Community banks take care of small businesses, individuals | Sunday Stories

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Second in a series

When the financial impact of the pandemic hit home, small business owners struggled to get loans from the big banks.

“If you look at where their customers are, they weren’t focusing on the Tri-Cities and this region,” said Will Barrett, president and CEO of Kingsport-based Bank of Tennessee, explaining the state of spirit of the big national banks when it came to prioritizing loans.

“They don’t walk past the clothing store, restaurant, or gas station, but we do and we saw the effect it had on the community.”

It was community banks like the Bank of Tennessee that came to the rescue, Barrett says, helping these local businesses get the money they need to stay afloat during the time of closure and pervasive fear.

When Congress created a program promising small business loans that would eventually become grants for those who qualified, the Bank of Tennessee and its more than 275 employees jumped into action, he says, many of them working at 2 am and spending sleepless nights to get these loans. for small businesses in the Tri-Cities.

“Looking back at what we’ve been able to accomplish and the schedule, it really made us proud to be bankers,” Barrett says.

The challenge with the loan program was that when it started it required a very manual process, he says. It took a while to make the process more automated. Until then, it was simply a matter of shredding mountains of paperwork and trying to get loans through a government website that wasn’t always functional, not knowing how quickly the money would run out.

The effort paid off, he said, both in terms of much needed cash and in helping people overcome the uncertainties the situation presented.

“There has been a lot of work that has gone on beyond the money, and it was a lot of consultation, advice and guidance throughout the pandemic,” Barrett said.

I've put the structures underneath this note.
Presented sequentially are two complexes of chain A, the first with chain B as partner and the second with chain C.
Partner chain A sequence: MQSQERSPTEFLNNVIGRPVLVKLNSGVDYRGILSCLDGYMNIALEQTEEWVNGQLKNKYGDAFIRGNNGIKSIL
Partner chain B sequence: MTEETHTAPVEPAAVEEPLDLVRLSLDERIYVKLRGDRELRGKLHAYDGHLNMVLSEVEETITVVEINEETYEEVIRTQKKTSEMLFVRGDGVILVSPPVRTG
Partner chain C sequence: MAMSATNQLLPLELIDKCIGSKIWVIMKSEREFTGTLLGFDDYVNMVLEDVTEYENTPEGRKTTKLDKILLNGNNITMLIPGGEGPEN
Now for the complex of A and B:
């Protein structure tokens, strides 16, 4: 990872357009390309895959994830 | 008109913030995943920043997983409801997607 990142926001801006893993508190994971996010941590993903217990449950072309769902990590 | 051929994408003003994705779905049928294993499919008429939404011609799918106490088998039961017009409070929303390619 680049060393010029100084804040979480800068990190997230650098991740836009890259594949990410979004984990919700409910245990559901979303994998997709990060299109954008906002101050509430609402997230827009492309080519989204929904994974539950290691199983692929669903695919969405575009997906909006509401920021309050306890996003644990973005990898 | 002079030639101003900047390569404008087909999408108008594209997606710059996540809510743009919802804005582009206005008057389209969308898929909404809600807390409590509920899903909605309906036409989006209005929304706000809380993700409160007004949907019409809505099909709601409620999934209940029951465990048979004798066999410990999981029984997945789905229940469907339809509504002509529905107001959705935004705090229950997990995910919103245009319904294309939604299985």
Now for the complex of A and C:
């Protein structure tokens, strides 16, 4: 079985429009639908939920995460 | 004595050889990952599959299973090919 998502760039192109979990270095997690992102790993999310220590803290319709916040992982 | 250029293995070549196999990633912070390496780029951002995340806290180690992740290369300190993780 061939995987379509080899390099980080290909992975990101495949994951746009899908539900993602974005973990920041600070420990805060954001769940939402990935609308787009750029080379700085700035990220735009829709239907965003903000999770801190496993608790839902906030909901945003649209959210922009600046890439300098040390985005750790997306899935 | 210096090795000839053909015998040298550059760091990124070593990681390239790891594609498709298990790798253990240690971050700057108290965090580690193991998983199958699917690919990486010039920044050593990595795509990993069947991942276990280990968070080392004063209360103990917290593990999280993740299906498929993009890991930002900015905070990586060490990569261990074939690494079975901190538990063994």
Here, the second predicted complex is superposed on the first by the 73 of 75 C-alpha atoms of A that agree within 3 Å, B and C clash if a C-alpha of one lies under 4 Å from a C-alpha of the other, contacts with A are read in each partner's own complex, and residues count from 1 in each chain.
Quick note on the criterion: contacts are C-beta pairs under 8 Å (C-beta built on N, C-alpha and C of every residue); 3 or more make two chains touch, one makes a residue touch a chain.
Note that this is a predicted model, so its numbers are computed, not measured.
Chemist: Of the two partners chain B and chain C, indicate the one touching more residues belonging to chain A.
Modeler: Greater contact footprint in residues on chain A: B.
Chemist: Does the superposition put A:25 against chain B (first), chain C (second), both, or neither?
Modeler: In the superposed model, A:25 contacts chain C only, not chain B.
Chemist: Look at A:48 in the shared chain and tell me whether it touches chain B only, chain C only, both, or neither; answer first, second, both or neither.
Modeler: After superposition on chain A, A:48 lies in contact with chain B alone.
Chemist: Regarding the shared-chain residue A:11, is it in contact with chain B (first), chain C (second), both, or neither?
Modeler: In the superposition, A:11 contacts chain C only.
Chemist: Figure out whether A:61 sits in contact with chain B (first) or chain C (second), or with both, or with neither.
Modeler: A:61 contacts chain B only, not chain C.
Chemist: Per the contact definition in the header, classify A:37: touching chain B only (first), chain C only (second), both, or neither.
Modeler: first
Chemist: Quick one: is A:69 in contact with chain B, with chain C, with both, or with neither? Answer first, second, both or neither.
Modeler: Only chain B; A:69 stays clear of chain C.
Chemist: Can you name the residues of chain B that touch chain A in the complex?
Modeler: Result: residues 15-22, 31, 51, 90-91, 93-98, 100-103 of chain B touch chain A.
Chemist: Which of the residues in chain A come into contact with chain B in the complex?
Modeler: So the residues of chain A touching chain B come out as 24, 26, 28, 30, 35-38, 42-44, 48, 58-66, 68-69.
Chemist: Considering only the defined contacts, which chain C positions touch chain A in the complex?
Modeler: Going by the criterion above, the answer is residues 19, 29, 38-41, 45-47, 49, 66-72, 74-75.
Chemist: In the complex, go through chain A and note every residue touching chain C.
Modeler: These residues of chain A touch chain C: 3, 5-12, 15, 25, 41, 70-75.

“Because we live here and know these companies, we could help advise them far beyond what PPP [Paycheck Protection Program] the numbers reflect, and these are the hours and hours spent with each company. Overall, as a result of the program, I think we’ve made close to 1,700 loans for $ 143 million. And if you look at the number of jobs supported, it was almost 20,000. “

“If you look at the area, it’s had a big impact just through our service at Bank of Tennessee,” he says, “and I would say that, combined with the other community banks in the area, you are really making a difference. . “

Barrett says this success in helping local businesses in Tri-Cities weather the pandemic downturn – at a time when many large banks were not prioritizing small customers – is an example of the difference between community-based banks. local and those based elsewhere.

“Small businesses make our whole region thrive, and if you look at our employer base, the vast majority are small businesses. I love the big businesses that we have in the region, but the heart and soul of this region is the small businesses, ”Barrett said.

“We go to church with the owners, we see them at the grocery store, we have coffee with them, and it’s something that personally, as a community bank, our success is tied to their success in the community. region and communities. ”

According to the trade association representing American small community banks, Independent Community Bankers of America, community banks provide about 75 percent of all small business loans nationwide.

Even though he’s grown to about 275 employees spread across northeast Tennessee, Barrett says he still views Bank of Tennessee as a small business; in the decades since its founding, it has grown with the region.

“We know the trials and tribulations that small businesses go through, so we can appreciate it,” he says, “and as a community bank we are reinvesting in the community.”

Founder William B. Greene Jr. said that although the M&A trend has had a major influence on the banking landscape nationwide, 85% of U.S. banking assets are owned by just nine banks and the country has no that a total of 4,000 banks, up from 17,000 in 1990 – community banks will always be involved in the economy. Why? Because they take care of the little guy.

“We have been doing it since [nearly] 50 years old, and we’re just getting better, ”says Greene. “It’s our bread and butter: it’s small businesses and the small individual customer who wants personal attention. “

Next week: Find out how community banks like the Bank of Tennessee are helping make the communities they serve a better place to live.


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